He swallowed, and then he flicked his tongue over his parched lips. He could taste the metallic tinge of blood. He could feel the sting of the torn skin and the ache of the bruised flesh spreading over his body. And, above all else, he could smell the sickly-sweet scent of her lingering in his nostrils.

‘Can you hear me?’

‘Mhm,’ he murmured.

‘I’m Matron Armitage. You’re at Mortshire Infirmary.’

He groaned at the revelation of his predicament. A silent film of images of Mortshire Infirmary played in his mind: the provincial red brick edifice with its interior of brown glazed tile, long echoing corridors, heavy swinging doors, linoleum flooring and metal-framed beds. It was an establishment in which disinfectant, tapioca pudding, and enemas prevailed. Although it had been built and bequeathed to Mortshire over a century ago by Saxton charity, it was not the type of institution in which he would choose to be incapacitated.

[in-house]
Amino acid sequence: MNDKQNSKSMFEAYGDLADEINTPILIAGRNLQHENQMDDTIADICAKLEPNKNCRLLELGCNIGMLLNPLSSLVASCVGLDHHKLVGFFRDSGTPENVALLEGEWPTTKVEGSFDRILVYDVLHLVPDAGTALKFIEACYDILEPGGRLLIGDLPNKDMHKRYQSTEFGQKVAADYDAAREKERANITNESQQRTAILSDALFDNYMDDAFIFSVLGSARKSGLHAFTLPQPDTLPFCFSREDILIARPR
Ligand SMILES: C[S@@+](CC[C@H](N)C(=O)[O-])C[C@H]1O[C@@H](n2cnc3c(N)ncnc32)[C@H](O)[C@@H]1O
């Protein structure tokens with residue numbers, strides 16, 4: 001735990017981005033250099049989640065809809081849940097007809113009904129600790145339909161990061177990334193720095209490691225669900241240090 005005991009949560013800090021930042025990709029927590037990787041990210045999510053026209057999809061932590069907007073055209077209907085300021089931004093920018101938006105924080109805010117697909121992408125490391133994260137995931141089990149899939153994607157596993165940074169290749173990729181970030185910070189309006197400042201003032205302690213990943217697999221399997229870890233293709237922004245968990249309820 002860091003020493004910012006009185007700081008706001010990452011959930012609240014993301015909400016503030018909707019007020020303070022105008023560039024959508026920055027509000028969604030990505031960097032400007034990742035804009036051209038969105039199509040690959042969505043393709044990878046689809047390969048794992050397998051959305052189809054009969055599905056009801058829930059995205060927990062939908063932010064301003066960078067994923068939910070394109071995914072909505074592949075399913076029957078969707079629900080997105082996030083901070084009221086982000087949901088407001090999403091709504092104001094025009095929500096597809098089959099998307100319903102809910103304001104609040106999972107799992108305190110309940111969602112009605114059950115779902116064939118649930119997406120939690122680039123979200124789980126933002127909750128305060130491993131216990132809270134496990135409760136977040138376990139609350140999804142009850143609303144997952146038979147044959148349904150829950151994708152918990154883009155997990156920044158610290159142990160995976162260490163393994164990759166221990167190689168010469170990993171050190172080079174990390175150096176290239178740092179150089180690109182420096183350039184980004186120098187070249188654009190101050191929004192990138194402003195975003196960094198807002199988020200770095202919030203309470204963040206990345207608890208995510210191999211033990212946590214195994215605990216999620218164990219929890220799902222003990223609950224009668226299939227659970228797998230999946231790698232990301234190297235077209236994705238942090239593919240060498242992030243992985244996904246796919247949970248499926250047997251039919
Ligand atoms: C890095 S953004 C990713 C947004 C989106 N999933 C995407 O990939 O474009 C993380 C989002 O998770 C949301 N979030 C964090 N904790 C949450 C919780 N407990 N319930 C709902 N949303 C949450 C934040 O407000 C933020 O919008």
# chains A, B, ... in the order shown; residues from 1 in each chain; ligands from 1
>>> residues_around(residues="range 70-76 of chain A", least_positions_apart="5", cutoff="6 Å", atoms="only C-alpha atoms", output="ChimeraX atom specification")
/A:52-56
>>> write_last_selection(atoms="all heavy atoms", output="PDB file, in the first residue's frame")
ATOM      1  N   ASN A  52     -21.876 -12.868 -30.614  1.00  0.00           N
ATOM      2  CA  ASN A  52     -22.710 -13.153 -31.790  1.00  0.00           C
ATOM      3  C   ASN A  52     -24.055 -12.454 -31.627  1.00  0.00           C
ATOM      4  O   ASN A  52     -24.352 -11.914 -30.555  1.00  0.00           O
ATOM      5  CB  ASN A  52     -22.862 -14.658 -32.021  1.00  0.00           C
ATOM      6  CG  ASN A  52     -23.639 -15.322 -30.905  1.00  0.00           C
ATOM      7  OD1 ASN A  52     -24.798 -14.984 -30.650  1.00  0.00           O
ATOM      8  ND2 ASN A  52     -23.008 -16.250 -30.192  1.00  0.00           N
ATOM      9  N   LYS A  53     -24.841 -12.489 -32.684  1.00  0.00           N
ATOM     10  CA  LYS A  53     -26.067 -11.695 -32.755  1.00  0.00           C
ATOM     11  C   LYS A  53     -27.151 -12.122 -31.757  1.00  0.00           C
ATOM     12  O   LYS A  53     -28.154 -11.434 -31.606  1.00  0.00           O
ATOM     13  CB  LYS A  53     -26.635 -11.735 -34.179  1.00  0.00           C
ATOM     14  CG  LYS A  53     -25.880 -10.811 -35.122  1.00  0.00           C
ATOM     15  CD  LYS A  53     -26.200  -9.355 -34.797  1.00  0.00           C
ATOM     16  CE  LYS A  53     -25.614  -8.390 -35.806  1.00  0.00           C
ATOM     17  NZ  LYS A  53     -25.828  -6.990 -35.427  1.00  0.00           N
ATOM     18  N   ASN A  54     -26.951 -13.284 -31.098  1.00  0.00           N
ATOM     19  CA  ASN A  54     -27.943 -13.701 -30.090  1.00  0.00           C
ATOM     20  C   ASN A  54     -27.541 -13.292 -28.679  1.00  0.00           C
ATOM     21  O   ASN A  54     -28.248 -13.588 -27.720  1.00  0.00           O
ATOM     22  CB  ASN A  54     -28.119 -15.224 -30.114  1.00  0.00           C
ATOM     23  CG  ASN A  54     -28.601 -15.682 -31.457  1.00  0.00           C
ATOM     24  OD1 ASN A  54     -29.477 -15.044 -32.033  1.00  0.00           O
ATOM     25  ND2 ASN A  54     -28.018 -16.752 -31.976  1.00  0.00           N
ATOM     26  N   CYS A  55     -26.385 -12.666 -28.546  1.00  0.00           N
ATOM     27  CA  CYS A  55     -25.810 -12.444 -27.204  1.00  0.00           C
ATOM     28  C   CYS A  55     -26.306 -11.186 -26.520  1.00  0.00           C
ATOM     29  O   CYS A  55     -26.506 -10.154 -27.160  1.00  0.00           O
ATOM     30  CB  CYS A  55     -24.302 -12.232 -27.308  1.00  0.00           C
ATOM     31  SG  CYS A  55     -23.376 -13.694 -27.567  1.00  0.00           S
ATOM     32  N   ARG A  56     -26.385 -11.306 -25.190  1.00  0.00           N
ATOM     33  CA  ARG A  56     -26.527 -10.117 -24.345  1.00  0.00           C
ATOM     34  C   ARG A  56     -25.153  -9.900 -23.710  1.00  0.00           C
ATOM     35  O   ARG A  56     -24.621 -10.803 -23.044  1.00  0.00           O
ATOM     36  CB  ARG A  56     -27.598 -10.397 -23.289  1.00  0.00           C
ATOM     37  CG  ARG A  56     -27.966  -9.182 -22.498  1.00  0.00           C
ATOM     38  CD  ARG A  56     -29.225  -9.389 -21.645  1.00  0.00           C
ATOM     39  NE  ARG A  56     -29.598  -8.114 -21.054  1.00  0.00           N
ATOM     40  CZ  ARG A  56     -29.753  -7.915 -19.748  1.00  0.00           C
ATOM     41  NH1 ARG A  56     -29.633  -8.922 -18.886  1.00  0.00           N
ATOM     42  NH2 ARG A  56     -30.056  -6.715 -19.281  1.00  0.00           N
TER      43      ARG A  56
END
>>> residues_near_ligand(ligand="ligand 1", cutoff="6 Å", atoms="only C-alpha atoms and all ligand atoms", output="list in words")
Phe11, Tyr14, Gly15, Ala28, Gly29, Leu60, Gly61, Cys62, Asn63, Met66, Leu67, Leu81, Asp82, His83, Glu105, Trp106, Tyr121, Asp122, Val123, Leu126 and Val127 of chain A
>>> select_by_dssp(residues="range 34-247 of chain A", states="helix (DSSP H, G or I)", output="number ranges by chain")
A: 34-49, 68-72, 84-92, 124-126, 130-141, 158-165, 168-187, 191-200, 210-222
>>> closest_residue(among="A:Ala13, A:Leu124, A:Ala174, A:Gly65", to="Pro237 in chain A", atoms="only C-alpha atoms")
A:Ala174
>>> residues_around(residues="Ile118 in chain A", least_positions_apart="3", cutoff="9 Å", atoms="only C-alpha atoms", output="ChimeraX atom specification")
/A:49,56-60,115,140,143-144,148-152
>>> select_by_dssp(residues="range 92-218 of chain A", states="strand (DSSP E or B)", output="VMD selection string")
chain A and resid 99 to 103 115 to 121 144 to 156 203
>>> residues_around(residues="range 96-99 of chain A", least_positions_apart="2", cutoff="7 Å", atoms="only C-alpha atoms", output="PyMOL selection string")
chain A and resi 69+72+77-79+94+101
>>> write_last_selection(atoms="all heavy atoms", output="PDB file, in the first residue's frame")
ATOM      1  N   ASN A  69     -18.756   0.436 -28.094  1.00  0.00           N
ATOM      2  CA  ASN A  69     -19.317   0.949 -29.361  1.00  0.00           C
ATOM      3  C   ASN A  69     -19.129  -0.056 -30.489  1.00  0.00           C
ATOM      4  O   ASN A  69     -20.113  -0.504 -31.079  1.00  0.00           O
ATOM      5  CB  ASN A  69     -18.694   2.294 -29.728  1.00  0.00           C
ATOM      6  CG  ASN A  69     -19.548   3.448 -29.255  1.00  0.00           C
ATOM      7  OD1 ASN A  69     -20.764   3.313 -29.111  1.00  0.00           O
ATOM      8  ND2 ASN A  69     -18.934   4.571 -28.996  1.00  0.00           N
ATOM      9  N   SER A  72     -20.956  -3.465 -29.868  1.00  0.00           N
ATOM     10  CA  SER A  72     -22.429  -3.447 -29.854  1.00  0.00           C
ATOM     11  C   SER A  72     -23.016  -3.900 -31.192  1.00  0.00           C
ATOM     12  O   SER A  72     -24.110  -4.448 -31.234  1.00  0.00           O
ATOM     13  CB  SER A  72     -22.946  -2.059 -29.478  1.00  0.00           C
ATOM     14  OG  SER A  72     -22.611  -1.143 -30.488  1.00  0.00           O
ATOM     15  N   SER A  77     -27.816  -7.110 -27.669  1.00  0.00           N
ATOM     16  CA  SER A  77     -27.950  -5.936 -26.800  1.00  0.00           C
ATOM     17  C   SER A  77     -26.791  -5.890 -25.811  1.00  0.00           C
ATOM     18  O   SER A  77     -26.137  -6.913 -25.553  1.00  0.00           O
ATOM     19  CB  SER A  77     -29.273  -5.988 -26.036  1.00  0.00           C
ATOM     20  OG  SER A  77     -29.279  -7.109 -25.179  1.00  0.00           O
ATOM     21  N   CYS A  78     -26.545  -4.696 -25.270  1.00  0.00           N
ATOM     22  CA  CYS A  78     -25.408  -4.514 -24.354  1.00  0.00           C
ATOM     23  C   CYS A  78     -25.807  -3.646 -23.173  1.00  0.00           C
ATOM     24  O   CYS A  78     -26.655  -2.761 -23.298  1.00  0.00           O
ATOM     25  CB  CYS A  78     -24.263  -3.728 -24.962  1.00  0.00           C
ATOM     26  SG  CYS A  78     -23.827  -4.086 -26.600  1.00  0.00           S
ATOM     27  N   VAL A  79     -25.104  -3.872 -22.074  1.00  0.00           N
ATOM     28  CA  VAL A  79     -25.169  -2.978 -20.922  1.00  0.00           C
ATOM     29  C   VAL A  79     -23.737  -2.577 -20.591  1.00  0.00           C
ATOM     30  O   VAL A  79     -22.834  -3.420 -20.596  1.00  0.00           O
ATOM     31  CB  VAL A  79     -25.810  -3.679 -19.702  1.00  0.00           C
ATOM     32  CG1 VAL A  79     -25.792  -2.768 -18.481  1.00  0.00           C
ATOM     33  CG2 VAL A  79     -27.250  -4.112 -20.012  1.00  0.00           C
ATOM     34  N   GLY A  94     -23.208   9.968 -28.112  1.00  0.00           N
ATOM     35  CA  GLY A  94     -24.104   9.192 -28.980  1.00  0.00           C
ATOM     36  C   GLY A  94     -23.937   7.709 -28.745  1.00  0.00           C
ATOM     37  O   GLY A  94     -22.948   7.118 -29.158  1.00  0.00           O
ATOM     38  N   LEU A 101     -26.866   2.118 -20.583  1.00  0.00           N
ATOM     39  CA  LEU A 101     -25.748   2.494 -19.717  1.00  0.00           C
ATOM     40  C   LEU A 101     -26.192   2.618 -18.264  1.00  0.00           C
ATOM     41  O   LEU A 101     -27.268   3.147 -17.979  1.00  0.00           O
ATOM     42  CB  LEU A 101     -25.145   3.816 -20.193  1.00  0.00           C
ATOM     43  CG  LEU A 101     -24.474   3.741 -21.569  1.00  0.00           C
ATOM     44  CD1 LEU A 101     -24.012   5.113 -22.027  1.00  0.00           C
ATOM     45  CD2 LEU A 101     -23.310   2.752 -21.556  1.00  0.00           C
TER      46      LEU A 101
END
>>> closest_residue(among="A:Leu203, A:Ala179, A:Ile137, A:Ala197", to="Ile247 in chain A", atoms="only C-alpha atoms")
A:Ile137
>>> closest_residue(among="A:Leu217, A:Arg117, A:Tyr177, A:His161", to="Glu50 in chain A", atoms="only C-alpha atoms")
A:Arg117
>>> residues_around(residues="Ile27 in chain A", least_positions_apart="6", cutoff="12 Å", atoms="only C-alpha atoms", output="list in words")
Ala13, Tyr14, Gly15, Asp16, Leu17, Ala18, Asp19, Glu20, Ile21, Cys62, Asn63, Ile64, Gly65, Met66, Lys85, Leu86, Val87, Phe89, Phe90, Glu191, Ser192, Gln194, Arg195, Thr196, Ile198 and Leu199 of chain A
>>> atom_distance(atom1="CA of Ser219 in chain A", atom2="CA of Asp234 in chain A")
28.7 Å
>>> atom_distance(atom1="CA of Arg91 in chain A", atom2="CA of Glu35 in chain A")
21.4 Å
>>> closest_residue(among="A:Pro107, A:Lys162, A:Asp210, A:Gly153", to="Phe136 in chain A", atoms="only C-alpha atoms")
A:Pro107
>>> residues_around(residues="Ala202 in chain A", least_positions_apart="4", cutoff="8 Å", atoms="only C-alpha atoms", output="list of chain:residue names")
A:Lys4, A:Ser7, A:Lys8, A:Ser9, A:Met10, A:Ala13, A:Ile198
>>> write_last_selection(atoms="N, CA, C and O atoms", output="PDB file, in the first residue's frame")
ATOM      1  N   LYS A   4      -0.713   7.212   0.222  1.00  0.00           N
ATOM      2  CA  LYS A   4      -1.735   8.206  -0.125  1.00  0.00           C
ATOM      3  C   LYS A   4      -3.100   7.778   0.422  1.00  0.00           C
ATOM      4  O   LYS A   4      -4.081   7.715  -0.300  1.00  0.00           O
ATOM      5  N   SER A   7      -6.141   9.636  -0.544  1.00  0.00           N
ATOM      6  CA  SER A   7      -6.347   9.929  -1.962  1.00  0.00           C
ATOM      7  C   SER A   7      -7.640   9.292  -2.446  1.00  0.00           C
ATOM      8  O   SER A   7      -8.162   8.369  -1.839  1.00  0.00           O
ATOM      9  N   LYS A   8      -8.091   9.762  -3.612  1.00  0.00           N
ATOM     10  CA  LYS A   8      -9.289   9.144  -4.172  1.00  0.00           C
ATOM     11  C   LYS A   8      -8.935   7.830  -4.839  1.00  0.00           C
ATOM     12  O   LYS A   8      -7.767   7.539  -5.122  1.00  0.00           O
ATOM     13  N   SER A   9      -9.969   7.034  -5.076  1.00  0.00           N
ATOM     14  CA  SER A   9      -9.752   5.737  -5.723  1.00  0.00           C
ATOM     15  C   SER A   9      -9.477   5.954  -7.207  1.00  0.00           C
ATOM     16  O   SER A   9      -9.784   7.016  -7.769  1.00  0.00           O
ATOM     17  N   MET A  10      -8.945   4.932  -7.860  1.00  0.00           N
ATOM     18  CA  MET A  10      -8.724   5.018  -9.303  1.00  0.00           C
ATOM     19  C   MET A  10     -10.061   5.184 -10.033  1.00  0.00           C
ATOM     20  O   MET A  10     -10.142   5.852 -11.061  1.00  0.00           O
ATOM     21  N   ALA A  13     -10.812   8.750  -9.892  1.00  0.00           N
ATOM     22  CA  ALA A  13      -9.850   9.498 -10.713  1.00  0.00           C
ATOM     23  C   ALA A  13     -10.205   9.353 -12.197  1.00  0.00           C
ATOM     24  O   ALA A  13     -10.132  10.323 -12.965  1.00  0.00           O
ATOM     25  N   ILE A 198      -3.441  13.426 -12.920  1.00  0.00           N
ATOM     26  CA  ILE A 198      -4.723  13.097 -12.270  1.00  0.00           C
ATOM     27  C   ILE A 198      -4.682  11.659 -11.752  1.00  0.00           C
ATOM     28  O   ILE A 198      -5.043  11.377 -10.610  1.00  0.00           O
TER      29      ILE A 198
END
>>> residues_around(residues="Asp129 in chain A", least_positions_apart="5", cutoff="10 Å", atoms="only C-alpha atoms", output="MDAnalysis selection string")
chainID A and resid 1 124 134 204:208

He opened his eyes to the blurry yet familiar round face of a starched vintage nurse topped off with a stiff white cap pinned over her neat and tidy greying bun. Leaning over him with a dour expression; a stethoscope was hanging from her ears, and she was listening intently to his chest. On the other side of the bed, a young nurse with a blonde bob and a sweet smile stood holding a clipboard, diligently taking notes as dictated by the senior nurse.

Matron Armitage removed the headset from her ears and made a pendant necklace of the stethoscope. ‘What’s your name?’ she asked the patient.